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‘Exceptional women are not the exception’: Author, reporter Kate Zernike discusses gender discrimination in STEM

Zernike introduced her book ‘The Exceptions: Nancy Hopkins, MIT, and the Fight for Women in Science’

<p>Kate Zernike’s newest book “The Exceptions” is based on a 1999 story she wrote for the Boston Globe about the discrimination faced by a group of 16 women faculty members in MIT’s science department.</p>

Kate Zernike’s newest book “The Exceptions” is based on a 1999 story she wrote for the Boston Globe about the discrimination faced by a group of 16 women faculty members in MIT’s science department.

Author and reporter Kate Zernike, who writes for the New York Times and was part of a Pulitzer Prize-winning team reporting on Al Qaeda in 2002, gave a talk at the John Carter Brown Library Tuesday evening. Zernike discussed her book, “The Exceptions: Nancy Hopkins, MIT and the Fight for Women in Science,” published in February 2023.

Zernike’s talk, which was moderated by President Christina Paxson P’19 P’MD’20 and co-sponsored by the Office of the President and the Pembroke Center, delved into issues of gender-based discrimination in professional settings. Diane Lipscombe, director of the Carney Institute for Brain Science and chair of Brown’s Task Force on the Status of Women Faculty, also participated in the discussion.

On March 21, 1999, Zernike broke a story for the Boston Globe about a group of 16 women faculty in the science department at MIT who confronted university administrators with evidence of gender-based discrimination. The story quickly “went viral,” prompting responsive action from MIT as well as from universities around the country, Zernike said.

The Exceptions” tells the story of how molecular biologist Nancy Hopkins, who led the group of 16 faculty members at MIT, noticed a pattern of bias in the treatment she received from her male mentees, colleagues and administrators — her work was often discounted and her voice left out, Zernike said. Hopkins eventually discovered that her male colleagues were given more office and lab space and better pay.


“I asked her, ‘How do you know they get more space?’” Zernike recalled. “She said, ‘Well, I measured it.’”

The tape measure Hopkins used to verify the discrepancy in the space she and other women faculty were provided is currently on display at the MIT museum. To Zernike, that tape measure is a symbol of the struggle women in science face and a testament to the importance of gathering data to “make their case.” 

Zernike said that she was initially drawn to the story when she heard that MIT President Charles Vest had admitted to the gender discrimination, citing the findings of an investigative committee chaired by Hopkins.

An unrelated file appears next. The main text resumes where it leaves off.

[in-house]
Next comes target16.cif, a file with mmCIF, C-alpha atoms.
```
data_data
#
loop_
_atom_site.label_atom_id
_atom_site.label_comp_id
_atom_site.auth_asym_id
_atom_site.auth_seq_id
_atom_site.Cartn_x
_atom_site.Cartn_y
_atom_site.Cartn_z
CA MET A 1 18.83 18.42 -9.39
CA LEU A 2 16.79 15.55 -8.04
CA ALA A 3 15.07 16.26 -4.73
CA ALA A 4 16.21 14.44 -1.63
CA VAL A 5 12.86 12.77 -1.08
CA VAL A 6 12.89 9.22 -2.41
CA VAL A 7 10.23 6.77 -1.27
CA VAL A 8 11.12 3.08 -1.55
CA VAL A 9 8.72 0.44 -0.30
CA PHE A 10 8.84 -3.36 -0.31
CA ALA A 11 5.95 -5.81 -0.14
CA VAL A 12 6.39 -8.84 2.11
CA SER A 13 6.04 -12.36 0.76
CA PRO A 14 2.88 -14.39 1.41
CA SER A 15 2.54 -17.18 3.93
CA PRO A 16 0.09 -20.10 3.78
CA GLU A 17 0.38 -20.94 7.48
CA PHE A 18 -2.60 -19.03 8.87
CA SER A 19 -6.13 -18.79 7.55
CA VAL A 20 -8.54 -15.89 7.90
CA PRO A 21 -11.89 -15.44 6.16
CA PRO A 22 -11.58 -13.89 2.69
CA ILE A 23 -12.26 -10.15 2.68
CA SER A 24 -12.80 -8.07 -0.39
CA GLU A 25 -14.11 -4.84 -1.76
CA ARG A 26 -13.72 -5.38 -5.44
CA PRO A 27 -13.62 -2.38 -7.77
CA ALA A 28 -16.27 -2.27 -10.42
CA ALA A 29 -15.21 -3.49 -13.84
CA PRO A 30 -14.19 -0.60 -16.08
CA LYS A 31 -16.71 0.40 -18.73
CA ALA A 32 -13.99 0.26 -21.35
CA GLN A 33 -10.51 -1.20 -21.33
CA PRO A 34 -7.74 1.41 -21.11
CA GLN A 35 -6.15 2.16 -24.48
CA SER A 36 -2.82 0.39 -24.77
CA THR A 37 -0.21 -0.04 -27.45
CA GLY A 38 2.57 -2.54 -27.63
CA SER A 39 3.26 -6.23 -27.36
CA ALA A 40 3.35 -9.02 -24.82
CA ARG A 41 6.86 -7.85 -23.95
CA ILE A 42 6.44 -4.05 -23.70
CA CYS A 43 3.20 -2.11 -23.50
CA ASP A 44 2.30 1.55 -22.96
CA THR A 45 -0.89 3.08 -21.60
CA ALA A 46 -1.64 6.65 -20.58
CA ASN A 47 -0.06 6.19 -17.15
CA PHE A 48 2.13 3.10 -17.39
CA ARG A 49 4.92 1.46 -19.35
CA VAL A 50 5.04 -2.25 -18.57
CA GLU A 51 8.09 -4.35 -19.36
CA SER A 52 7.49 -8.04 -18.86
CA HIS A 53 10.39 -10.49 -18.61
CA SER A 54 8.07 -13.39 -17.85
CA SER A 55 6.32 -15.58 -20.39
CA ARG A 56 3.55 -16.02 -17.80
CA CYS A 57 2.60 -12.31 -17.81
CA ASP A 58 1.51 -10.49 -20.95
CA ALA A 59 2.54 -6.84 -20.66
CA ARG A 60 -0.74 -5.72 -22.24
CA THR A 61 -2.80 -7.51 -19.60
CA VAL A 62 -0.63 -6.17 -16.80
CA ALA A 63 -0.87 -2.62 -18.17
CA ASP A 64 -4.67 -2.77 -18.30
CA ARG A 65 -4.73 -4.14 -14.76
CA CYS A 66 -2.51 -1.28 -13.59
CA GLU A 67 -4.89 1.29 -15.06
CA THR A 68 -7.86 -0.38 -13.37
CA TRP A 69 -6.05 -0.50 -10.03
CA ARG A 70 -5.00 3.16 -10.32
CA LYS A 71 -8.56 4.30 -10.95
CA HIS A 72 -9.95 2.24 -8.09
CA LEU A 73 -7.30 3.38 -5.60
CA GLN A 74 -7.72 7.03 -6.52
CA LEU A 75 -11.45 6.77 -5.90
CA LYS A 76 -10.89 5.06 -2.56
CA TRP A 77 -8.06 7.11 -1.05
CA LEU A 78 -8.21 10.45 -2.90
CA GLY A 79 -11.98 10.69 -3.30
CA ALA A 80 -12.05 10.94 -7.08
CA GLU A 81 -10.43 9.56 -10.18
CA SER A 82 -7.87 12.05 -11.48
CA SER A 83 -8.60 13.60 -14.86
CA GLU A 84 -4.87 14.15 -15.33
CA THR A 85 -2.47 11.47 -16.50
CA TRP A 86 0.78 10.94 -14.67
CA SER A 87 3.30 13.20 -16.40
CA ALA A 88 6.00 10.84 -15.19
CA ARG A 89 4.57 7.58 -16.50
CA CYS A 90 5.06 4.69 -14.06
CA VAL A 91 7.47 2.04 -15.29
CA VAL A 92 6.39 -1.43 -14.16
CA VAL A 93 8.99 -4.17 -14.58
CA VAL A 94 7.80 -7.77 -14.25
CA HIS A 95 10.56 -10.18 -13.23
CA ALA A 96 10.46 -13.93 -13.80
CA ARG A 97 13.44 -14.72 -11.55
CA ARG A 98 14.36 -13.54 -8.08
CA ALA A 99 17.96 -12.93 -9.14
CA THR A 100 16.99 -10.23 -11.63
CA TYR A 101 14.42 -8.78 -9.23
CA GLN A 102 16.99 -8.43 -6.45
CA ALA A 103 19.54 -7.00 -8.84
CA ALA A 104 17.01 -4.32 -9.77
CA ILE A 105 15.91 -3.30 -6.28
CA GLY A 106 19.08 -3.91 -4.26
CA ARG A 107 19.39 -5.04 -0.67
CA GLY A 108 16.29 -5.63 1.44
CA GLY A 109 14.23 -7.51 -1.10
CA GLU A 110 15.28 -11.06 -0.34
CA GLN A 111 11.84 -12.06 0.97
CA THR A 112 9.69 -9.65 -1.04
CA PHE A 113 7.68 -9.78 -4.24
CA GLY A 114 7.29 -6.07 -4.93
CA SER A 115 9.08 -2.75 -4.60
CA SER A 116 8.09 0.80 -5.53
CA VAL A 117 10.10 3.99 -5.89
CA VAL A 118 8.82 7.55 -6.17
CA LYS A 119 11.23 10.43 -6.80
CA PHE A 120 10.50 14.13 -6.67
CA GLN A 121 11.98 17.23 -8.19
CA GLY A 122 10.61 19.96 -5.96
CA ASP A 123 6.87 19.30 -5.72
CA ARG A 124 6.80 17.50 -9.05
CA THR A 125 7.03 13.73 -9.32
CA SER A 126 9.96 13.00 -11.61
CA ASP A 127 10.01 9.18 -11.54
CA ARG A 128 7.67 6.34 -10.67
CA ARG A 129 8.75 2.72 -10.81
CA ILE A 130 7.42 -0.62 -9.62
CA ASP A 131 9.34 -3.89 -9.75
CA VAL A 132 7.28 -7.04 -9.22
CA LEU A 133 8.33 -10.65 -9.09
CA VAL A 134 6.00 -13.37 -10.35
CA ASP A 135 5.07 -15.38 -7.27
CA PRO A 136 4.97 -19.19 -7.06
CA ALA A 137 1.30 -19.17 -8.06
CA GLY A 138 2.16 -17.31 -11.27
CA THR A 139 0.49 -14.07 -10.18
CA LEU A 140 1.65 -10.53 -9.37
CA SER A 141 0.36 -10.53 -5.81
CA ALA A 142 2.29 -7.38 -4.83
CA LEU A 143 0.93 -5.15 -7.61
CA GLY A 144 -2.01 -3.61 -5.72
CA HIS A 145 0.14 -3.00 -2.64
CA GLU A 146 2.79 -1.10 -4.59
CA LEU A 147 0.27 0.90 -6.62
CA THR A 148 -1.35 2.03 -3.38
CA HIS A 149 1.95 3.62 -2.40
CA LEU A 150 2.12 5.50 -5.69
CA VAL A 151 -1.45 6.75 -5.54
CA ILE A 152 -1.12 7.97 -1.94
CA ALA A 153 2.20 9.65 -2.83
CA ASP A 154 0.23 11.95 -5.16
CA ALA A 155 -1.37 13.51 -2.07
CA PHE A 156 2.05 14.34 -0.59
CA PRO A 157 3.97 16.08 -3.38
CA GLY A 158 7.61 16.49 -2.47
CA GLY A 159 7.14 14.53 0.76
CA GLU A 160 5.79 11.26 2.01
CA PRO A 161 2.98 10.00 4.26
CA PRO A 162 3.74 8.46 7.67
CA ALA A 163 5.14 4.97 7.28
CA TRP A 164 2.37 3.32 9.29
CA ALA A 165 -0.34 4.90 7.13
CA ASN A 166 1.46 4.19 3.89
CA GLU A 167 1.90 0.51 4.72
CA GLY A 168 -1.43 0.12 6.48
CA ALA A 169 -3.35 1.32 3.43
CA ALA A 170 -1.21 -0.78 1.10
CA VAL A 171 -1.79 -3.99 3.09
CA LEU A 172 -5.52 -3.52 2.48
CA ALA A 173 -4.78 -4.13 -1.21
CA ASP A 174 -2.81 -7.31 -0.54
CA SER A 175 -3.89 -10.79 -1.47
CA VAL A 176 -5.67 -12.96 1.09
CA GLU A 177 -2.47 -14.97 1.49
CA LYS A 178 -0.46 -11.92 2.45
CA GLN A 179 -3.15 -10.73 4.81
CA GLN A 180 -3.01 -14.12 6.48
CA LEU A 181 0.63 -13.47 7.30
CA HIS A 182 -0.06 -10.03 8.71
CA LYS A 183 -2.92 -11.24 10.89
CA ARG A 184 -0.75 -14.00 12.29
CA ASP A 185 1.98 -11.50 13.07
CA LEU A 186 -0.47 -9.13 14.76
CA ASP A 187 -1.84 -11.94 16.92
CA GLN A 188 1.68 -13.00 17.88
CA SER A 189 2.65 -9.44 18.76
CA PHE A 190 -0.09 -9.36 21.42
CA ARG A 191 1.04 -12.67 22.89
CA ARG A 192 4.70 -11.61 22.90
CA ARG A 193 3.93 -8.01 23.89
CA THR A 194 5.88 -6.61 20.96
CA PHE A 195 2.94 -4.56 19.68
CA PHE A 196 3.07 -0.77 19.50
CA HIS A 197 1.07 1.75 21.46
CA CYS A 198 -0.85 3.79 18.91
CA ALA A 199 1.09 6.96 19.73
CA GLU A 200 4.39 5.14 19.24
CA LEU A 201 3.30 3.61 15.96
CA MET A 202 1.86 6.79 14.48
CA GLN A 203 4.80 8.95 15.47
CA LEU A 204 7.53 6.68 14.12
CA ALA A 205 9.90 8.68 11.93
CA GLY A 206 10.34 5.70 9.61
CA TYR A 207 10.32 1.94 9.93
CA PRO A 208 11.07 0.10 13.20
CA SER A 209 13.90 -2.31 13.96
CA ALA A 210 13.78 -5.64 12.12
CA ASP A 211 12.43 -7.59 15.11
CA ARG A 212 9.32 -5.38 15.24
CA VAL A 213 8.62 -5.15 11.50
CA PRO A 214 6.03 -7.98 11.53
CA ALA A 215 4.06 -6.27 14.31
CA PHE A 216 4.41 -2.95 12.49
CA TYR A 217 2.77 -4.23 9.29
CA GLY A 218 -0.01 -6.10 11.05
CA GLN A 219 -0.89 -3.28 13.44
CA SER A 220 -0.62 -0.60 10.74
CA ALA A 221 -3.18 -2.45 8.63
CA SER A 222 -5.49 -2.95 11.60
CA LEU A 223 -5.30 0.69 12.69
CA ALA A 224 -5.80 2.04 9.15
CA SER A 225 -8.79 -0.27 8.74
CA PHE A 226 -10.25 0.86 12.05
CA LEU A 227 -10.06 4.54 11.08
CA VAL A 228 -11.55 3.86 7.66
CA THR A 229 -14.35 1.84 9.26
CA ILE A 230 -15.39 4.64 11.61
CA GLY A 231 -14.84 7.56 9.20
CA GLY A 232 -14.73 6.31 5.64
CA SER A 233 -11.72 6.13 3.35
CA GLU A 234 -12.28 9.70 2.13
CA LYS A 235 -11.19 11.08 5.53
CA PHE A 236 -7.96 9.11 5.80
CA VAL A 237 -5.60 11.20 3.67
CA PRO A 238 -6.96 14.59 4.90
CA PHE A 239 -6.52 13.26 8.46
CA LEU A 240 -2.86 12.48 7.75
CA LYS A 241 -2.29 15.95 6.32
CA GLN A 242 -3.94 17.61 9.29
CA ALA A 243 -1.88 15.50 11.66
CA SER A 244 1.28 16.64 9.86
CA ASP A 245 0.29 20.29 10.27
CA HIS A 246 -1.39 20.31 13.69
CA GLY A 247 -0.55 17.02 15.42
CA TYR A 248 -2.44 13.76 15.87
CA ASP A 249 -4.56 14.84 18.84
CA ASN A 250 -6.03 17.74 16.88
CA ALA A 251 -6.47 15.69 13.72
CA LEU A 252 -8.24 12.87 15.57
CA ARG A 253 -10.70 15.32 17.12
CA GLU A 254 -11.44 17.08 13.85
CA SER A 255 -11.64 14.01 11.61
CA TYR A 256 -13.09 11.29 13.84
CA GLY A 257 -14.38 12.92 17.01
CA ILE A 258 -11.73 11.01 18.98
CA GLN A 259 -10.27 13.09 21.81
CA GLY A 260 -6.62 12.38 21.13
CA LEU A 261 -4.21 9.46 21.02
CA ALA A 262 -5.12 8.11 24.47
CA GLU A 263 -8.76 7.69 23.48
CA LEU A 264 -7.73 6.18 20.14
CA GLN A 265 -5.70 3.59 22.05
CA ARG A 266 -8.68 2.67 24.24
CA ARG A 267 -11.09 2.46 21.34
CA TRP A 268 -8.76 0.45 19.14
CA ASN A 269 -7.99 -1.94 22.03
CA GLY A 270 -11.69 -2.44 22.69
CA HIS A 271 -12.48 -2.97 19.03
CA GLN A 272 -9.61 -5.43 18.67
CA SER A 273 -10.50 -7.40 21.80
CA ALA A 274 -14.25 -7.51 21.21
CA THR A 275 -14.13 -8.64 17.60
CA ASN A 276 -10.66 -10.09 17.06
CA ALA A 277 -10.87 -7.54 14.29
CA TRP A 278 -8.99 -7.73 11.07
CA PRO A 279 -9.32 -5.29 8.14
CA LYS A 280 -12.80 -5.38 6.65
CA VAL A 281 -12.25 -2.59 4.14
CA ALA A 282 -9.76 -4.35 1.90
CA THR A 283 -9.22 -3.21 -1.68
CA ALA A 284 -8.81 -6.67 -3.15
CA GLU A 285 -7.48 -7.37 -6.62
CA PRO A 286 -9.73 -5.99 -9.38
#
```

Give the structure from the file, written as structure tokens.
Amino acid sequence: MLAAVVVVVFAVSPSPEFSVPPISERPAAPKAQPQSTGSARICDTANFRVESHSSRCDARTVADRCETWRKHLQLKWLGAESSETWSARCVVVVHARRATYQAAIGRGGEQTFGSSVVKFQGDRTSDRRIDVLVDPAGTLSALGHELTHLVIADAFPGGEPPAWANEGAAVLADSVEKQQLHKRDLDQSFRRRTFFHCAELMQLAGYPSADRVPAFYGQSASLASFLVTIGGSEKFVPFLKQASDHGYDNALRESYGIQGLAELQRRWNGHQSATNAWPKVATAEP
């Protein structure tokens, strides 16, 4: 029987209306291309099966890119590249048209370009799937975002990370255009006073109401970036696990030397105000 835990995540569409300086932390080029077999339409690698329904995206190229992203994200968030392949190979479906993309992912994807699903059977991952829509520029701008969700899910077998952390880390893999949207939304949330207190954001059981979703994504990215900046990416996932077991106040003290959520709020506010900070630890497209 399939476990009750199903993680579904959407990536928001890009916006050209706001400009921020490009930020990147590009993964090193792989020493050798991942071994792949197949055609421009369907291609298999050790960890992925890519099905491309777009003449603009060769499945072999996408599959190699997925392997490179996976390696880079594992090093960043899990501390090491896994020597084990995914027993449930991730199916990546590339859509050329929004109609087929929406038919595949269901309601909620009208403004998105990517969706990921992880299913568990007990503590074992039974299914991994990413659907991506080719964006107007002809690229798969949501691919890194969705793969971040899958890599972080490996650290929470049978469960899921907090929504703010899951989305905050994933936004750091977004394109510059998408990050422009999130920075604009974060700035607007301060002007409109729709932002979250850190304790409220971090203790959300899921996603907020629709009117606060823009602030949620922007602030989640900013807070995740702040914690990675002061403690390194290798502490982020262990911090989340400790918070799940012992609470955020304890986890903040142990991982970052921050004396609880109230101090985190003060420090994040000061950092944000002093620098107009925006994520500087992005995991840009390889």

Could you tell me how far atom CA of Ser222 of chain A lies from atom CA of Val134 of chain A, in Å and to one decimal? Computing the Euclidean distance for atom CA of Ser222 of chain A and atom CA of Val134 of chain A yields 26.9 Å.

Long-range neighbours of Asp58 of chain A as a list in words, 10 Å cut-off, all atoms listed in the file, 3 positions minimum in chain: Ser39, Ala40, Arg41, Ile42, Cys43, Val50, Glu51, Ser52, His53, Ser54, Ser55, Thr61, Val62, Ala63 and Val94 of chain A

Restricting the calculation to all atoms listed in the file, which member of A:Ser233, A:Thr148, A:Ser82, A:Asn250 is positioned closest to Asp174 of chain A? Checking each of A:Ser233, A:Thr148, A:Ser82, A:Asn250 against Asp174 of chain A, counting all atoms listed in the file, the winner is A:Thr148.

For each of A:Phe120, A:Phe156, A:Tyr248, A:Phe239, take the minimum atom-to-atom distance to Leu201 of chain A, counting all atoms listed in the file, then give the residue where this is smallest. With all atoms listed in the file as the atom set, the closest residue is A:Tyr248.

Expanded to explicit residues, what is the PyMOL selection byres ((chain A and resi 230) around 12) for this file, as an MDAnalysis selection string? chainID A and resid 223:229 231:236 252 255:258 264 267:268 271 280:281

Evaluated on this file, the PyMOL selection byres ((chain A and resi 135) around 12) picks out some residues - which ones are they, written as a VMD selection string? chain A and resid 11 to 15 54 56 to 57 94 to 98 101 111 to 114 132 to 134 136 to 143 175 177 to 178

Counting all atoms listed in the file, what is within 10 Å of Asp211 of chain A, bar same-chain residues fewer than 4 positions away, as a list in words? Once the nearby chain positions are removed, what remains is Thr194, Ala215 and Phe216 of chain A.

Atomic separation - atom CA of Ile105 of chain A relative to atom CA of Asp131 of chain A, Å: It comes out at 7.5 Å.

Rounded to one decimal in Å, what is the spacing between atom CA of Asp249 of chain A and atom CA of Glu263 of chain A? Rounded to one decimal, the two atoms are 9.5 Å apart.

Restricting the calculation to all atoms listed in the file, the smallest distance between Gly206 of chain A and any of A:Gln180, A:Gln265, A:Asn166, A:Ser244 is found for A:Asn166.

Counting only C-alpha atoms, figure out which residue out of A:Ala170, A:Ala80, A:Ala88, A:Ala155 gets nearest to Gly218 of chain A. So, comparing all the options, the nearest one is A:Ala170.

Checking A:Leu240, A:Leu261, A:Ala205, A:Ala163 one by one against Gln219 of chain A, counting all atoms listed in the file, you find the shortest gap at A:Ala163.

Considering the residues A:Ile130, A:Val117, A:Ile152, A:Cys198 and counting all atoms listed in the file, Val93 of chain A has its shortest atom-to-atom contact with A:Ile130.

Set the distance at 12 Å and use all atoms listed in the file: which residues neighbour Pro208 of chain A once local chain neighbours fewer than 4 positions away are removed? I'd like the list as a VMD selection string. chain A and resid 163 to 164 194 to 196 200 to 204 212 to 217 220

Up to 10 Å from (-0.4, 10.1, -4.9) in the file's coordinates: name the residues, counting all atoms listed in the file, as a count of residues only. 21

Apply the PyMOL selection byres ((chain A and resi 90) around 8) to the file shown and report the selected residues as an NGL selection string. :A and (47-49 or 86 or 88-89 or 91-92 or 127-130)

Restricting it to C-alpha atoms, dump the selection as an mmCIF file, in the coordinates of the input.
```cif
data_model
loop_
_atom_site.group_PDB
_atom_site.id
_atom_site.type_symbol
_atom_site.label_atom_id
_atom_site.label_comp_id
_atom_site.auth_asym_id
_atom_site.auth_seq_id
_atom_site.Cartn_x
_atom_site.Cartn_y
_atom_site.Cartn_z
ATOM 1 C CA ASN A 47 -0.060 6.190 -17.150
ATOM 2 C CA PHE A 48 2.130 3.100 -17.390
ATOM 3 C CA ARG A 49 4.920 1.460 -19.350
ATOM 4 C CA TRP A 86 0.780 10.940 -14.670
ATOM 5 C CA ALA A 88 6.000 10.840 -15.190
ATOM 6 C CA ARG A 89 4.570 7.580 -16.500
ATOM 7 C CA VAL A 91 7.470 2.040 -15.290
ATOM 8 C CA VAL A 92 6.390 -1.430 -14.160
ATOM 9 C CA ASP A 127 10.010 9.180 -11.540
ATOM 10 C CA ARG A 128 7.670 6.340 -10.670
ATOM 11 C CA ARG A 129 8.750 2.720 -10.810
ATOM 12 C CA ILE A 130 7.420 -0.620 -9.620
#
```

When she was first assigned the story, Zernike expected a “he-said-she-said” narrative. But this confession, “in my business, was what we call a man-bites-dog story,” she said.

The title of “The Exceptions” carries a twofold meaning, Zernike said. It refers to Hopkins and the 15 other women, all exceptional in their determination, as well as how women in science often reacted to the challenges they faced.

“So many women told me they were able to keep going by telling themselves this was just a one-off — that this was the exception, not the rule,” Zernike said. “Nancy, like the other women at MIT, did not set out to be an activist. She went out of her way to explain what was happening to her as anything but gender discrimination” — but eventually, she ran out of plausible excuses.

Zernike said she began planning “The Exceptions” in 2018, “when the #MeToo movement was surging.” Reflecting on the story she’d broken in 1999, she came to the realization that workplace discrimination and marginalization, on any scale, could be attributed to an underlying cause: “The stubborn suspicion that women just aren’t as intellectually capable as men.”

“The problem was not that girls were not interested in science,” she said. “The pipeline was full, but it was leaking.” Zernike added that women tend to drop out of STEM fields later in their careers due to marginalization.

Emily Sarkisian GS, a biotechnology student, said she was inspired to attend the talk because, while she has multiple “pioneering” female role models in her family, she was the first to go into a STEM field.

“Hearing how the things men do is not necessarily out of malice, but something they’ve been conditioned to do, or what the prevailing culture has told them to act like — I found that really interesting,” Sarkisian said.


Dean of Engineering Tejal Desai ‘94 P’27 said she decided to attend the talk after receiving a copy of “The Exceptions” from one of the women faculty members part of the MIT group Zernike originally reported on. Desai said she found the book “compelling and inspiring.”

“Nancy Hopkins had that self-doubt that I think all of us have — ‘What am I missing? I shouldn’t be here,’” Desai said. “It’s something we have to collectively address. It doesn’t matter what level you’re on.”

Despite the challenges women still face, data-driven investigations into gender-based discrimination have heightened the visibility of these issues, Zernike said.

“The stories in my book,” she said, “tell us that exceptional women are not the exception.”

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Anisha Kumar

Anisha Kumar is a section editor covering University Hall. She is a sophomore from Menlo Park, California concentrating in English and Political Science who loves speed-crosswording and rewatching sitcoms.

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